YouTube wonder-band OK Go announced today that it has split with its label:
OK Go has struck out on its own. The band has left the EMI family of corporations to form their own enterprise, a homemade upstart called Paracadute. In addition to being humanity’s second most fun word to say (”pamplemousse” was taken), Paracadute is really just a way for the boys to continue doing what they’ve always done. Which is whatever they want. Being OK Go just got a little bit easier.
So please join me in welcoming Paracadute into the world. As yet, there’s no building, no logo, no employee manual. Just the band, some paperwork, and a bunch of insane ideas. Plus two dogs in suits. Exciting stuff.
A word on Capitol/EMI: Neither our lawyers nor their lawyers have any hard feelings and, in fact, the split has been remarkably friendly. There are many wonderful people at the company who have worked very hard on our behalf, and we’ve become very close with them over the years. Even if the band hadn’t signed a non-disparagement clause as part of the deal, we would have nothing bad to say. All joking aside, we’re very thankful, and we wish them all the best.
OK Go has been successful as a band - but not necessarily as a major label act.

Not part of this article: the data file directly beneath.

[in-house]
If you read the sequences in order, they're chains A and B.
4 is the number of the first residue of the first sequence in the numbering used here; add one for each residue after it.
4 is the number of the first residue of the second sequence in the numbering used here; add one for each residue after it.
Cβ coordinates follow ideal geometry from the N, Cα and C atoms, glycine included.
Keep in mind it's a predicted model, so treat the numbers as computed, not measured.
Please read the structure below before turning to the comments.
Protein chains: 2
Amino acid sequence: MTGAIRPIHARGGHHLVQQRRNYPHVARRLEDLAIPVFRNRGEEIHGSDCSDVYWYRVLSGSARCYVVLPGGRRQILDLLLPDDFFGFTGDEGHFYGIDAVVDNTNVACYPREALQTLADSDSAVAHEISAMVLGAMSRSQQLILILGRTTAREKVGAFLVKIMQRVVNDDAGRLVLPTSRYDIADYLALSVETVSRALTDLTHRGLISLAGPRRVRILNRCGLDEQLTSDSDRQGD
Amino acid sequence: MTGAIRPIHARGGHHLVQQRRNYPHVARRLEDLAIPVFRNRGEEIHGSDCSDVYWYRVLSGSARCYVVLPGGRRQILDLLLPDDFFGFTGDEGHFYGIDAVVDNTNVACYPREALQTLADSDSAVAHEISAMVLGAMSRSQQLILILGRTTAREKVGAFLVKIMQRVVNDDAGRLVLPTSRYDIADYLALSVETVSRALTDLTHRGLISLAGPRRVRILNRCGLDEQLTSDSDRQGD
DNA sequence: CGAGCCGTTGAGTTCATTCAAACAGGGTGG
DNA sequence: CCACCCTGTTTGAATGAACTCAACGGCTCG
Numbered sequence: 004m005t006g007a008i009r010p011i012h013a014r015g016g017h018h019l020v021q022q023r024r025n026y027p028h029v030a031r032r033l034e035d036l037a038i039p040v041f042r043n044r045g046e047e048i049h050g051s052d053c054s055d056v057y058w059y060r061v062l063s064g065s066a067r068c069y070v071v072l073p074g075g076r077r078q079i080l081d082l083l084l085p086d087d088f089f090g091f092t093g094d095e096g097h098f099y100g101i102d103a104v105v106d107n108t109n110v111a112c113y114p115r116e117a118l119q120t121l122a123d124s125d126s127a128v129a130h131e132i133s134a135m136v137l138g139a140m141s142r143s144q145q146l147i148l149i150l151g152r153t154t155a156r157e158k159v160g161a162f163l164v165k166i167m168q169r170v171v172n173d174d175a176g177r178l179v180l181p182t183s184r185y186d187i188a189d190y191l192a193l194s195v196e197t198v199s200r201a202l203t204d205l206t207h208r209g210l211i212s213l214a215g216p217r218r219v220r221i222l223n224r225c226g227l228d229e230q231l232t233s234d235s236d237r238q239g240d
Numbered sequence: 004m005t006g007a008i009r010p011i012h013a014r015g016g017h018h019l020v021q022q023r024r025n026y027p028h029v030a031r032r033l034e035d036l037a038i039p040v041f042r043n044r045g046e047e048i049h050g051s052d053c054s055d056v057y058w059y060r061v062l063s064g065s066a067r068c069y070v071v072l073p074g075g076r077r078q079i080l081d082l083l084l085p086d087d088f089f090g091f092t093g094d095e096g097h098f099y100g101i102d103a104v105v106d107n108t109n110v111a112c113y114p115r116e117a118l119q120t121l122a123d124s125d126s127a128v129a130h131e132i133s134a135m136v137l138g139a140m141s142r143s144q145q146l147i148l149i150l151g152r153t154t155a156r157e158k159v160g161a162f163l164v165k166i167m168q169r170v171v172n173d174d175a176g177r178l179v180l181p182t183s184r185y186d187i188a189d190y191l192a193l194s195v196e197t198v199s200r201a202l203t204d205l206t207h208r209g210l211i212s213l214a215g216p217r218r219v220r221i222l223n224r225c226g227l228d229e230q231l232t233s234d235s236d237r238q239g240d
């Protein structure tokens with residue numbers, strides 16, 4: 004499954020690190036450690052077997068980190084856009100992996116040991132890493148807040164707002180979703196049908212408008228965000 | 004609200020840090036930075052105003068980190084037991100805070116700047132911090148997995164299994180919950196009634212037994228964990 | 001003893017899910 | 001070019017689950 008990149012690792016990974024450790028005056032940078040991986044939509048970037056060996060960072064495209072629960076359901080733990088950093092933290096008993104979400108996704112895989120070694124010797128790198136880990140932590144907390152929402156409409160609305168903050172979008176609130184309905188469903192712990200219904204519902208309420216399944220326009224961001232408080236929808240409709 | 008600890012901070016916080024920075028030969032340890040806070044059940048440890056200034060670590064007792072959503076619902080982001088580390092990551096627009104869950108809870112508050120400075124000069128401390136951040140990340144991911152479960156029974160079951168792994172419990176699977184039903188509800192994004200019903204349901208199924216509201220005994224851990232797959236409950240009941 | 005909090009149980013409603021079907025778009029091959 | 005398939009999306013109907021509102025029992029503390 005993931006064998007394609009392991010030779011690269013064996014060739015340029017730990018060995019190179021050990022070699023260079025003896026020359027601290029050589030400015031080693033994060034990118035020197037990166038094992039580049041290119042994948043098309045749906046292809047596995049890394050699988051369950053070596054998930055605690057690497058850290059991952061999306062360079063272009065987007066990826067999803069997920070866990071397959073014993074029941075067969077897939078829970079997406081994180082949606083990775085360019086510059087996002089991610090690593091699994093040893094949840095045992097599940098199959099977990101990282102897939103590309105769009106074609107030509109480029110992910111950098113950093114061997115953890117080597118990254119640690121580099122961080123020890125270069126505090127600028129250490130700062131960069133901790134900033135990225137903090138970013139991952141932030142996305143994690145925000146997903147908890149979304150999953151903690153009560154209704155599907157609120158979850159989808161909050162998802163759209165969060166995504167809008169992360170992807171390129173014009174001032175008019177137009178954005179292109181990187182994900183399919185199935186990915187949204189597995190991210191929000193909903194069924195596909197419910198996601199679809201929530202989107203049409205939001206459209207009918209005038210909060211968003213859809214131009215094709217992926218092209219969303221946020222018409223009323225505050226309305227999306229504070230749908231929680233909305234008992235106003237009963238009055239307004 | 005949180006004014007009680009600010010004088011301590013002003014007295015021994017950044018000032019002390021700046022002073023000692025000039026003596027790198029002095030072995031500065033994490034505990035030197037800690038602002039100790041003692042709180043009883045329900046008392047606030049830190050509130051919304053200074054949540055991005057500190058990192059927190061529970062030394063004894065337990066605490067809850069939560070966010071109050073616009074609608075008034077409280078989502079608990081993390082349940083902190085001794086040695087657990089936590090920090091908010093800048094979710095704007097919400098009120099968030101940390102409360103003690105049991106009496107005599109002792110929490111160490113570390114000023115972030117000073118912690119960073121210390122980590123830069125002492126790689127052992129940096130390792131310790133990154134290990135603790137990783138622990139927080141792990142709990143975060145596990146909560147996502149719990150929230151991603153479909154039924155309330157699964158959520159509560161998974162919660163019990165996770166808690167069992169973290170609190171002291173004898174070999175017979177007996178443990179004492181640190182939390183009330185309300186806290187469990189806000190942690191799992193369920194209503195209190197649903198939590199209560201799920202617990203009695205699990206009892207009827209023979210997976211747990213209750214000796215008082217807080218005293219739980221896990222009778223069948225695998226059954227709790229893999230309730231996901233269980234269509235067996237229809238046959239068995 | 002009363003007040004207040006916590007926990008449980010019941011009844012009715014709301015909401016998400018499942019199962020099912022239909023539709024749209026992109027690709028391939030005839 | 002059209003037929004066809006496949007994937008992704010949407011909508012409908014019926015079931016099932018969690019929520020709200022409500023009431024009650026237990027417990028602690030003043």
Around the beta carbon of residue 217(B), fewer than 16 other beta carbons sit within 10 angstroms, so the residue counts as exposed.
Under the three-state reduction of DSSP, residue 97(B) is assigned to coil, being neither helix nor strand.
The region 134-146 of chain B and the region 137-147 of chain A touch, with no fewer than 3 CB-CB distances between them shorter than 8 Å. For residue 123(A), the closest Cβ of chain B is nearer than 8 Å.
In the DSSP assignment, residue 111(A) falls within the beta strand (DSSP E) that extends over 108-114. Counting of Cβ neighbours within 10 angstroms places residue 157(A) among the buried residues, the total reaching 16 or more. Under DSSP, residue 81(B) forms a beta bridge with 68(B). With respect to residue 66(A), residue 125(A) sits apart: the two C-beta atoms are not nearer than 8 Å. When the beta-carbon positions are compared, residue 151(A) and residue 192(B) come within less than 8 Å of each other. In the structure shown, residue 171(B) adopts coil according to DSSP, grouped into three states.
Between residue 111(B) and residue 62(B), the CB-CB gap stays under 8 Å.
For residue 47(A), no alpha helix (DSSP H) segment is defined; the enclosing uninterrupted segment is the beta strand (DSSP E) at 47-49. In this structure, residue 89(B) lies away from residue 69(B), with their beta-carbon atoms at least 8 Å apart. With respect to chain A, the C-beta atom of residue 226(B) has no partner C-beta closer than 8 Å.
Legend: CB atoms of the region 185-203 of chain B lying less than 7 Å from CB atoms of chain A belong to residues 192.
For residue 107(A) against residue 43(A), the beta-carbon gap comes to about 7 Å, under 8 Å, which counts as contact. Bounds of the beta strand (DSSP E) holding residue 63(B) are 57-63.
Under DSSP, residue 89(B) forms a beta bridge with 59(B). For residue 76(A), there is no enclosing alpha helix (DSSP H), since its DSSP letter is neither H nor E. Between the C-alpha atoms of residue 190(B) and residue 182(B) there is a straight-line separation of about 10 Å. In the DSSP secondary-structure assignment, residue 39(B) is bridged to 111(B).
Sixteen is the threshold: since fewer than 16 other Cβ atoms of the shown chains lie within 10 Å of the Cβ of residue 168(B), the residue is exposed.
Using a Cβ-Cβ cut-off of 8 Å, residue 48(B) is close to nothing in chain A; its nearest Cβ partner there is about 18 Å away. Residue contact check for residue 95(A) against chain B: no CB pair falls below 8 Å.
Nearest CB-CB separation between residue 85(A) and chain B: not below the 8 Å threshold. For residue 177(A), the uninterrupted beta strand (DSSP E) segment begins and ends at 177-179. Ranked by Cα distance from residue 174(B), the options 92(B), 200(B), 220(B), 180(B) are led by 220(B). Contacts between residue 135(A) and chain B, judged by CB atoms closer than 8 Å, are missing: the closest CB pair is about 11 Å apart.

Their latest YouTube video, embedded above, has received over 7 million views in the last 10 days.
That's impressive - but their latest album Of The Color of Blue Sky has sold just 25,000 units since its release on January 12, according to Nielsen SoundScan.
EMI was unable to turn the band's viral hit into a traditional best-seller.
According to OK Go's Damian Kulash:
It’s something of a gift from them to let us go. We steer our own ship just fine. The way record labels traditionally work, 95 percent of the things they put out lose money, and the other five percent pays for everything else. So when we you have something like us that’s succeeding, it’s in their interest to keep us. But they can see we can do the job best on our own, when we’re able to be nimble and do what we want to do.
Though the split appears to be amicable, the loser seems to be EMI.
Nobody has figured out how to turn a viral Internet hit, like OK Go, into a mainstream success story.
But EMI appears to have given up on trying - and as more and more attention moves to the Web, their choice look like a dead end.
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